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More federal land in New Mexico and Arizona transferred for border fencing

The “Symposium at the Wall: Cartels, Trafficking and Asylum” was held near the privately built border wall in Sunland Park, New Mexico. It was constructed by the WeBuildTheWall organization on American Eagle Brick Co. property. It is shown on Saturday, July 27, 2019. (Nathan J Fish/Sun-News/TNS)

More federal land near the U.S.-Mexico border in New Mexico’s Hidalgo County is being transferred to the U.S. Army to support border wall construction.

On Tuesday, the federal Bureau of Land Management announced a total of 65.75 acres of public land in Arizona and New Mexico had been committed by U.S. Interior Secretary David Bernhardt for utility infrastructure and roads for border security.

In February 2019, President Donald Trump declared a national emergency at the border in order to redirect billions of dollars toward construction of steel bollard fencing, after Congress appropriated $1.375 billion for the project rather than the $5.7 billion the president had requested.

Subsequently, the U.S. Department of Defense diverted $3.6 billion from previously approved construction projects, including $187.5 million in upgrades for New Mexico military installations White Sands Missile Range, Holloman Air Force Base, Kirtland Air Force Base and Cannon Air Force Base.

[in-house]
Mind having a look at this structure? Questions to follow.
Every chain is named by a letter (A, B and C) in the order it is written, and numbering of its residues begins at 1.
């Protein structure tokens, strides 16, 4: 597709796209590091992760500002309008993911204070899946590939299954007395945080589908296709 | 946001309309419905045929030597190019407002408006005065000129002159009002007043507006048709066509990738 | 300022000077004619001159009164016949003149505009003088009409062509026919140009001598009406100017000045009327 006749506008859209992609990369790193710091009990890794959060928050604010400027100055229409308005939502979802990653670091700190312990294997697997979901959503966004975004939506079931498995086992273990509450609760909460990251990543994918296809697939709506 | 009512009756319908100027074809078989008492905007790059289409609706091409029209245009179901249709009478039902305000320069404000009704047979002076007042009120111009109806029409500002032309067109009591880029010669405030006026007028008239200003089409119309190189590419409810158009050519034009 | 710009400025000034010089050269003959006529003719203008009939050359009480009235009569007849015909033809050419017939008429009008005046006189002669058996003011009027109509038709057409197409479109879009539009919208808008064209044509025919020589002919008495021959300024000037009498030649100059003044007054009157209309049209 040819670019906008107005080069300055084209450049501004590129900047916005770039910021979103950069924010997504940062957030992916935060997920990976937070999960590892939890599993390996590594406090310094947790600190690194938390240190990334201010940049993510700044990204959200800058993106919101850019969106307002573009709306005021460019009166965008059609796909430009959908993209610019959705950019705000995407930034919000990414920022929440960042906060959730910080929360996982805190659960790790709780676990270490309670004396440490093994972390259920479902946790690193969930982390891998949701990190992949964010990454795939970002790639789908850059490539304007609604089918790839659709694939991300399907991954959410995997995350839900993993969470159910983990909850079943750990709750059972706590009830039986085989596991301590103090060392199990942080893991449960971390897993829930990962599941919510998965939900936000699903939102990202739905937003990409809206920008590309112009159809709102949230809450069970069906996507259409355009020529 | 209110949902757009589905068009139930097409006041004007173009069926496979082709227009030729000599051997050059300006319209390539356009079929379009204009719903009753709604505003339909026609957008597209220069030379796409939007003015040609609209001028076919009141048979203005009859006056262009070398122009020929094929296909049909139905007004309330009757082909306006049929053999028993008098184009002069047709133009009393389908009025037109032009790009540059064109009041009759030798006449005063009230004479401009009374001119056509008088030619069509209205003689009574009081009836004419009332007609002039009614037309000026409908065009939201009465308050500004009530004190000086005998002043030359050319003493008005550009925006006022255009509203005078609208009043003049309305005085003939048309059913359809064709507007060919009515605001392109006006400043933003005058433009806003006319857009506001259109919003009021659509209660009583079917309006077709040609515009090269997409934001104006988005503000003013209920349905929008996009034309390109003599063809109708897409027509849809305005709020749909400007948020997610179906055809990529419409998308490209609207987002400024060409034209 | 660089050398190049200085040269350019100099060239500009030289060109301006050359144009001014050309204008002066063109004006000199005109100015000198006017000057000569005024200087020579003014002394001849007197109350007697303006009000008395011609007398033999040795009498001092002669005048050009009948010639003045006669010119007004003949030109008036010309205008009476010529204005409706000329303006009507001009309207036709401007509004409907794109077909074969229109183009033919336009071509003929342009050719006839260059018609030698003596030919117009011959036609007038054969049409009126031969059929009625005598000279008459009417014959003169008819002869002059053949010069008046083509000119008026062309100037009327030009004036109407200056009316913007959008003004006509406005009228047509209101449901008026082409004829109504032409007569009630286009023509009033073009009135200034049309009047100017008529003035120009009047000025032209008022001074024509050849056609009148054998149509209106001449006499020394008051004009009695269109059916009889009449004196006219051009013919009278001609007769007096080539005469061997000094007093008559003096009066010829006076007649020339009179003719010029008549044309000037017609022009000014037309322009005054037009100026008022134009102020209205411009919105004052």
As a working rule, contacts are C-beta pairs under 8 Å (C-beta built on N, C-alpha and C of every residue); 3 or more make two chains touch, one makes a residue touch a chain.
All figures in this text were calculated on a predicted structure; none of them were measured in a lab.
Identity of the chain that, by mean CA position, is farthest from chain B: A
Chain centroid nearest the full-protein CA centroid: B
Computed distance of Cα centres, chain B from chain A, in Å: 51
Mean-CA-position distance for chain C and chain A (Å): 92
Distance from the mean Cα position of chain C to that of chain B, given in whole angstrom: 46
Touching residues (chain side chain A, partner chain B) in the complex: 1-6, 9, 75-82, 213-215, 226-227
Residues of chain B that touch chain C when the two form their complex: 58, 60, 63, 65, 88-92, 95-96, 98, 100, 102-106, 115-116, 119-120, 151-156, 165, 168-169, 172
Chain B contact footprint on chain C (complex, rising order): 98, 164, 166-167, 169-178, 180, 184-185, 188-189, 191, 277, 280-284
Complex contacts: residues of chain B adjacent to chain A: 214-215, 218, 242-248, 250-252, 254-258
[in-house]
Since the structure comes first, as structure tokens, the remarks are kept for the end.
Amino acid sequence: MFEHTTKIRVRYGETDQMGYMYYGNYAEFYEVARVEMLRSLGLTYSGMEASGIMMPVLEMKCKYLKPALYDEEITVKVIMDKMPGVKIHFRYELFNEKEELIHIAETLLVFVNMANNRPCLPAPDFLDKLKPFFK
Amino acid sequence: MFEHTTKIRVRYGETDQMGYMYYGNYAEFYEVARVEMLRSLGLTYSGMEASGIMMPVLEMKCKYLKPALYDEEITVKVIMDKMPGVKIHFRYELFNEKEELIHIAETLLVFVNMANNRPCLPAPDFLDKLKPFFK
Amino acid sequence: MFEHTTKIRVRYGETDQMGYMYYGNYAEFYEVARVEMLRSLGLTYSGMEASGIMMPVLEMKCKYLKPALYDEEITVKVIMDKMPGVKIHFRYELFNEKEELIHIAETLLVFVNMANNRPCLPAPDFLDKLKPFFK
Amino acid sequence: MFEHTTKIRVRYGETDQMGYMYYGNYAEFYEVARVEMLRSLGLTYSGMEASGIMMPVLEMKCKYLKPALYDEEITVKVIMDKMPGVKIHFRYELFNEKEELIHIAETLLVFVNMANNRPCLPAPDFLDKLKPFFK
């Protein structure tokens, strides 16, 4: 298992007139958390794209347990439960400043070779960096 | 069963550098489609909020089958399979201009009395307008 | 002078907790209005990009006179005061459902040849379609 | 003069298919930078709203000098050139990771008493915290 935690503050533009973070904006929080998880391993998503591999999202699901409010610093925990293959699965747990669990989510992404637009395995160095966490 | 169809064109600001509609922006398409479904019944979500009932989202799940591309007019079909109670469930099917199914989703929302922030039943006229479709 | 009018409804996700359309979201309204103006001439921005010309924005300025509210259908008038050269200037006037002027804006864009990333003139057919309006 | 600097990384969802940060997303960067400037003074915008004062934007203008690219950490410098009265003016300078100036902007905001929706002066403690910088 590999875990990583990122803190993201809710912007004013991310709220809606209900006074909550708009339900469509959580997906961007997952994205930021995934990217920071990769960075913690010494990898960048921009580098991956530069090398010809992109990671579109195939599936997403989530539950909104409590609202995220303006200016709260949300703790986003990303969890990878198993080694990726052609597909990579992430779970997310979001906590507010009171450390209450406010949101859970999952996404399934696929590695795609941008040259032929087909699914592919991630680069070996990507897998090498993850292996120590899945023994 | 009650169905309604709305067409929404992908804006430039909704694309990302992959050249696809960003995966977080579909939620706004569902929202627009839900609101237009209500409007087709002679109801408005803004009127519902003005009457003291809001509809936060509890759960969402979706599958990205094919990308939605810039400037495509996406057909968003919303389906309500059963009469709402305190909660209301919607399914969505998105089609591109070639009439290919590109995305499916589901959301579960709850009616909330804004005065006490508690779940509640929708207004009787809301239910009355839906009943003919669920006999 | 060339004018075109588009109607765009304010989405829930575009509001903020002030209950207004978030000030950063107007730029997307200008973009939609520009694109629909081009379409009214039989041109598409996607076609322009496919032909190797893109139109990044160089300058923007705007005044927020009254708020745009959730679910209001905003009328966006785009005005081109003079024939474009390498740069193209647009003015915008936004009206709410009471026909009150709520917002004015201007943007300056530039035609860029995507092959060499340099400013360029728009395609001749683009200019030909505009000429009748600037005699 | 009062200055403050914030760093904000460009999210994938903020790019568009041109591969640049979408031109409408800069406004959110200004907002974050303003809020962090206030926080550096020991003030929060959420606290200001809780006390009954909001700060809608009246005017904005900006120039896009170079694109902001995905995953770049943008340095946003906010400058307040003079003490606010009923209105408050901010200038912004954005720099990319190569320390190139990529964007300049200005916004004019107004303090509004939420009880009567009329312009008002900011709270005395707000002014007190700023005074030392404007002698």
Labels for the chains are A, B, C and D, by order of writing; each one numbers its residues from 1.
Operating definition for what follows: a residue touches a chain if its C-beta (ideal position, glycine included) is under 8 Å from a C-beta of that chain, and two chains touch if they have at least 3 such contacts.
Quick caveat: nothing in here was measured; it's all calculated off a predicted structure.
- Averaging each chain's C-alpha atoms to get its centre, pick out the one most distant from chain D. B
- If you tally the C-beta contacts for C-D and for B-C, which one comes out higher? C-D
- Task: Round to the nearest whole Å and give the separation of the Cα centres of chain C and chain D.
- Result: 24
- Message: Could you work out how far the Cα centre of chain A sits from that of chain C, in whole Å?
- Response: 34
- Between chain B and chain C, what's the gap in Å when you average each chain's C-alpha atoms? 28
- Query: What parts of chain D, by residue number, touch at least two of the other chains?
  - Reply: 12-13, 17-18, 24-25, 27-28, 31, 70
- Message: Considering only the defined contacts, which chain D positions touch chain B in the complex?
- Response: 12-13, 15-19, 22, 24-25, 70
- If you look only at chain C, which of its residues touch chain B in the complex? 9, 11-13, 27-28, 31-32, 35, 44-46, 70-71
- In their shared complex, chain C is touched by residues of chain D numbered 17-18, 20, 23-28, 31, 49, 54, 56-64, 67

Instead, the funds have been committed to funding 11 border barrier projects.

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Last fall, Bernhardt transferred 560 acres to the Army, including more than 43 acres in Hidalgo County where vehicle barriers on the border were slated to be replaced with steel bollard fencing or “pedestrian barrier.”

In a July 15 public land order, Bernhardt committed an additional 12.74 acres of land in Hidalgo County to install power and utility infrastructure and build a road network accessing the construction.

Also transferred were 53 acres in Yuma County, Arizona, including land within the Roosevelt Reservation, a strip of land parallel to the border.

Federal lawmakers respond

U.S. Rep. Xochitl Torres Small, D-NM, whose district encompasses southern New Mexico including Hidalgo County, expressed sympathy for the Army’s logistical and operational challenges, yet remarked: “Adding additional acres and management of a border wall doesn’t help keep the focus on their important work. As I have always said, to secure our border we need a mile-by-mile analysis to identify and deploy the best measures and tactics for each section of our border.”

Meanwhile, U.S. Sen. Tom Udall, D-N.M., commented that New Mexico is “ground zero for the president’s unnecessary border wall,” which he called a “political pet project.”

“The Bureau of Land Management is meant to be a custodian of these lands for the American people, to whom they belong,” Udall said. “The Trump Interior Department should stop abusing its authority for partisan political stunts and focus on managing our resources and public lands in a way that preserves them for future generations.”

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© 2020 the Las Cruces Sun-News